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MLA Documentation
MLA Documentation
MLA Documentation
MLA Documentation
MLA Documentation
MLA Documentation
MLA Documentation
MLA Documentation
MLA Documentation
MLA Documentation
MLA Documentation
MLA Documentation
MLA Documentation
MLA Documentation
MLA Documentation
MLA Documentation
MLA Documentation
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MLA Documentation

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I did not create this PowerPoint, but am using it for non-profit, educational purposes for the benefit of students.

I did not create this PowerPoint, but am using it for non-profit, educational purposes for the benefit of students.

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  • 1. MLA DocumentationIn-text citations, citing sources appropriately, corresponding to the Works Cited
  • 2. When to Cite Sources in the Paper Whenever you quote from a source. When borrowing ideas from a source, even when you use your own words by paraphrasing or summarizing. When you borrow factual information from a source that is not common knowledge.
  • 3. The Common Knowledge Exception Facts that are widely known and about which there is no controversy. IE: Major dates in history, famous people and their accomplishments (Neil Armstrong/moon), the Superbowl occurs toward the end of January. When in doubt, cite the source.
  • 4. The Basics of In-text CitationsAs close as possible to the borrowed material,indicate in parentheses the original source and thepage number in the work that material came from.Period comes after the parenthesis.No comma between author and page.Quotation marks (when directly quoting) arebefore the parenthetical citation.
  • 5. ExampleFrom the very beginning of Sesame Streetin 1969, kindergarten teachers discoveredthat incoming students who had watchedthe program already knew their ABCs(Chira 13).
  • 6. Example Explicated The parenthetical tells readers two things:The info about Sesame Street came from somewhere other than the writer…in this case Chira.The ideas came from page 13 in Chira’s work The full bibliographic information appears on the Works Cited page at the end of the essayChira, Susan. “Sesame Street At 20: Taking Stock.” New York Times 15 Nov. 1989: 13. Print.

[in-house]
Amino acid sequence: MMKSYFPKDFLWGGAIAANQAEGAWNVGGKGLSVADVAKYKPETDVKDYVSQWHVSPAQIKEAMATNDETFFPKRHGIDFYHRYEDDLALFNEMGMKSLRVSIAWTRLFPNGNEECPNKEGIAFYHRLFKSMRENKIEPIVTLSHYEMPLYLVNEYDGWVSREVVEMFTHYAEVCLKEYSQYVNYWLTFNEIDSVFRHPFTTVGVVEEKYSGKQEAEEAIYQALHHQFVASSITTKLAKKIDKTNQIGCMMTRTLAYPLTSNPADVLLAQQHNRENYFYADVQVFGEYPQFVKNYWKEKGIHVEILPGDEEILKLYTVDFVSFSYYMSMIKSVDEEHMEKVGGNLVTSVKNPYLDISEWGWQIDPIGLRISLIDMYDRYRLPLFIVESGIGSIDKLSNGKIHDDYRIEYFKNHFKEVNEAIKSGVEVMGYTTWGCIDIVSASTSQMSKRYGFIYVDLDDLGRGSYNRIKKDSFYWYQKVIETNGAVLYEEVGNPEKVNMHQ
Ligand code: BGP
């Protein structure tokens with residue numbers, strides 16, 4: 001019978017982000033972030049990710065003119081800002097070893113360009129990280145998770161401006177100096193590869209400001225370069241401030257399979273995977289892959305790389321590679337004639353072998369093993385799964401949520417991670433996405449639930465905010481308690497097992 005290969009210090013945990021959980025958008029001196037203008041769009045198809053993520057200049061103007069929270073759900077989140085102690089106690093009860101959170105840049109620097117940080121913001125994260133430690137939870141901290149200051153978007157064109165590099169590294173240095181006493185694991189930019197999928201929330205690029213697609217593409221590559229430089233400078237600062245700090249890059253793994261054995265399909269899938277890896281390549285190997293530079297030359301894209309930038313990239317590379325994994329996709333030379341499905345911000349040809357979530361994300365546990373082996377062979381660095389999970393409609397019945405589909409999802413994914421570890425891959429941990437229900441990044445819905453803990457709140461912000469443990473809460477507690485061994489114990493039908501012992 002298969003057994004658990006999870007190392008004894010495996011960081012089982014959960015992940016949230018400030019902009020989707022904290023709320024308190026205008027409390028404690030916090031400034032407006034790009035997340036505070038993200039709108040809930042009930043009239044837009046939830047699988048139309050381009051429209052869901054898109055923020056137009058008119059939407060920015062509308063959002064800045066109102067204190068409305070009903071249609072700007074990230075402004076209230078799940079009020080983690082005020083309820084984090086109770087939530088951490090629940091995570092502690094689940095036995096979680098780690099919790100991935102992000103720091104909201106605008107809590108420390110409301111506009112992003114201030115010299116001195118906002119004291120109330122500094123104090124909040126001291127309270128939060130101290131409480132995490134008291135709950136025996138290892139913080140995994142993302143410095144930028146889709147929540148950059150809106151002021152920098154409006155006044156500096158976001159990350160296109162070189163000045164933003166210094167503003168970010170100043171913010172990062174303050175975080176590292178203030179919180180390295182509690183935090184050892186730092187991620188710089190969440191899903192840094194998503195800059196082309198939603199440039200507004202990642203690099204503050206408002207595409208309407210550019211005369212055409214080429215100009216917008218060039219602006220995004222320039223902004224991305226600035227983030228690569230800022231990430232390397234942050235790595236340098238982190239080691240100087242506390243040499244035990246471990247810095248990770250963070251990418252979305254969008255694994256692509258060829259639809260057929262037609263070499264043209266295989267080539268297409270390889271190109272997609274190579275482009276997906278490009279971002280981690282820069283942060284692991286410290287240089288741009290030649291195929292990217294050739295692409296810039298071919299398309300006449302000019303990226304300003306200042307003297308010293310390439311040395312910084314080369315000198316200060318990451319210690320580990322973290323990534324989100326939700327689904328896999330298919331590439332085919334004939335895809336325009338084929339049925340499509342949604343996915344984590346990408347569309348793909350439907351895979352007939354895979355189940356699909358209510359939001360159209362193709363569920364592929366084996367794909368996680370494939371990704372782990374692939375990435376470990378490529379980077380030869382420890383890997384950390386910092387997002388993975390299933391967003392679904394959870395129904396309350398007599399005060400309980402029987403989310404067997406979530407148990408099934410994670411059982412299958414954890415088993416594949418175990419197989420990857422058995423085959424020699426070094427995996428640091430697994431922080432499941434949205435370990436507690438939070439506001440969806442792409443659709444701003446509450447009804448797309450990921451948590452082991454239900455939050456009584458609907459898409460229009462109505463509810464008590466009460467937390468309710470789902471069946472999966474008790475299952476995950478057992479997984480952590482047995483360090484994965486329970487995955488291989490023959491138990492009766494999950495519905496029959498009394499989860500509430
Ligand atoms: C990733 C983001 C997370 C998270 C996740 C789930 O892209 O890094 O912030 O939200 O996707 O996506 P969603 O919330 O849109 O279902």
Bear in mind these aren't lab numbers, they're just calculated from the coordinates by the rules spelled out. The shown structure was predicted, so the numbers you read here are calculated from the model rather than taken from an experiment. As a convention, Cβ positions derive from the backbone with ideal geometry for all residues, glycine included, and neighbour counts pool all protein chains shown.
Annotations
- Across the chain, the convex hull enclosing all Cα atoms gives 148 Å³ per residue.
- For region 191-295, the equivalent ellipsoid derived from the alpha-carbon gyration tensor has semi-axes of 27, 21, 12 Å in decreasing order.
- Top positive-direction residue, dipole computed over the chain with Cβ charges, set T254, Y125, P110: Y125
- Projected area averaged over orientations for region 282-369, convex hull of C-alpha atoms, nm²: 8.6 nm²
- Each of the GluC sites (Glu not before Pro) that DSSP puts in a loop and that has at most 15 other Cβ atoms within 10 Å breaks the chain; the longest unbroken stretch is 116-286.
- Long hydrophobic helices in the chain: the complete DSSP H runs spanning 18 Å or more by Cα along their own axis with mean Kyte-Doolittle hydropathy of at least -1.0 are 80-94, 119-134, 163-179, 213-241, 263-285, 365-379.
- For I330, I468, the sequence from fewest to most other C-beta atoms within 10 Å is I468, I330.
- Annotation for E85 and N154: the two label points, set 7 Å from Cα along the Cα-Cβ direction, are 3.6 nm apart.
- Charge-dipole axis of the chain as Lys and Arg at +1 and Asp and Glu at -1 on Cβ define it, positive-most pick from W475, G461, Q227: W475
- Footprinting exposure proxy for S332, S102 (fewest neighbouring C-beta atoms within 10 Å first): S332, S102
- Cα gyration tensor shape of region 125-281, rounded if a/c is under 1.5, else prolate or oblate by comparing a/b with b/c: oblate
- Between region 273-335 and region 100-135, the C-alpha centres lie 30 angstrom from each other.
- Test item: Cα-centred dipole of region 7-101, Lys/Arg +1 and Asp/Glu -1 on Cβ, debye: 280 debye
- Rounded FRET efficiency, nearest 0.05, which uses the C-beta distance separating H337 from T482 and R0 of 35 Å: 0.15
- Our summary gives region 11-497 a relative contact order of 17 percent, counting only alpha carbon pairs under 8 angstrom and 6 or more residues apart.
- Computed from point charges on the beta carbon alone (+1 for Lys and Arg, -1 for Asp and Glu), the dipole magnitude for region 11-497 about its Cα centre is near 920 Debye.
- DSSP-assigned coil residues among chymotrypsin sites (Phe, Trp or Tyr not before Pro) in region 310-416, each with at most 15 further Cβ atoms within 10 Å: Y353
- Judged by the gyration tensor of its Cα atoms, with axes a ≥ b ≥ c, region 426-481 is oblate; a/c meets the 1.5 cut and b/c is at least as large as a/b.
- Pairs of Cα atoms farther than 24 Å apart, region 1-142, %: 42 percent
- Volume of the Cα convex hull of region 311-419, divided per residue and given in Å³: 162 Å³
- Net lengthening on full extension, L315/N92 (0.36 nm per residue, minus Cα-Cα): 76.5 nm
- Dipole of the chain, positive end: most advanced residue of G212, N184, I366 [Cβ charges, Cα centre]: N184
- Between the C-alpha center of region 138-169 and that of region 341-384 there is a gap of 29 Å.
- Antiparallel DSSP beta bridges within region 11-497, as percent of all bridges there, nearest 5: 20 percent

• 7. Example“One thing is clear,” writes ThomasMallon, “plagiarism didn’t become atruly sore point with writers until theythought of writing as their trade […]Suddenly his capital and identity wereat stake” (3-4).
  • 8. NoticesAuthor’s last name omitted in parenthesis becauseit appeared in the narrative.Ellipsis […] used when parts of the originalquotation are left out.
  • 9. When there is No AuthorSome sources are anonymousCite the first word/words that appear on theWorks Cited…typically the article titleTruncate the title if it is long to the first few keywordsInclude page number
  • 10. Example of No Author Example: Simply put, public relations is “doing good and getting credit” for it (“Getting Yours” 3). The Works Cited entry is as follows:“Getting Yours: A Publicity and Funding Primer for Nonprofit Organizations.” People 32.1 (2002): 3-12.
  • 11. When there are multiple works by the same author Parenthetical citation that lists only author and page number is not enough to distinguish. Include author’s name, abbreviated title, and page number.
  • 12. Example of Multiple Works by Same Author The thing that distinguishes the amateur from the experienced writer is focus; one “rides off in all directions at once,” and the other finds one meaning around which everything revolves (Murray, Write to Learn 92). Notice: a comma between name and title, but no comma between title and page
  • 13. General Guidelines for Documenting Sources Lead-ins Multiple Authors No Page Numbers
  • 14. Lead-ins (better known as author tags) The first time a source is cited, use a narrative lead-in Give the author’s full name and credentials Current title/position, level of expertise, background Boosts ethos Once established, the last name only is sufficient Lead-in can come at the beginning, the middle, or the end.
  • 15. Multiple AuthorsIf source has more than one author, listthem in the same order that appears onWorks CitedEx: Herman, Brown, and Martelpredict dramatic changes in the earth’sclimate in the next 200 years.
  • 16. No Page NumbersMany internet sites don’t have page numbers; DONOT NUMBER PAGES YOURSELF.PDF files often have them, but HTML files don’tJust list the author or title in the parenthetical.Will need to take special care when framingsources that don’t have page #s.
  • 17. Example without Page NumbersIt is now theoretically possible to recreate an identicalcreature from any animal or plant by using the DNAcontained in the nucleus of any somatic cell (Thomas).

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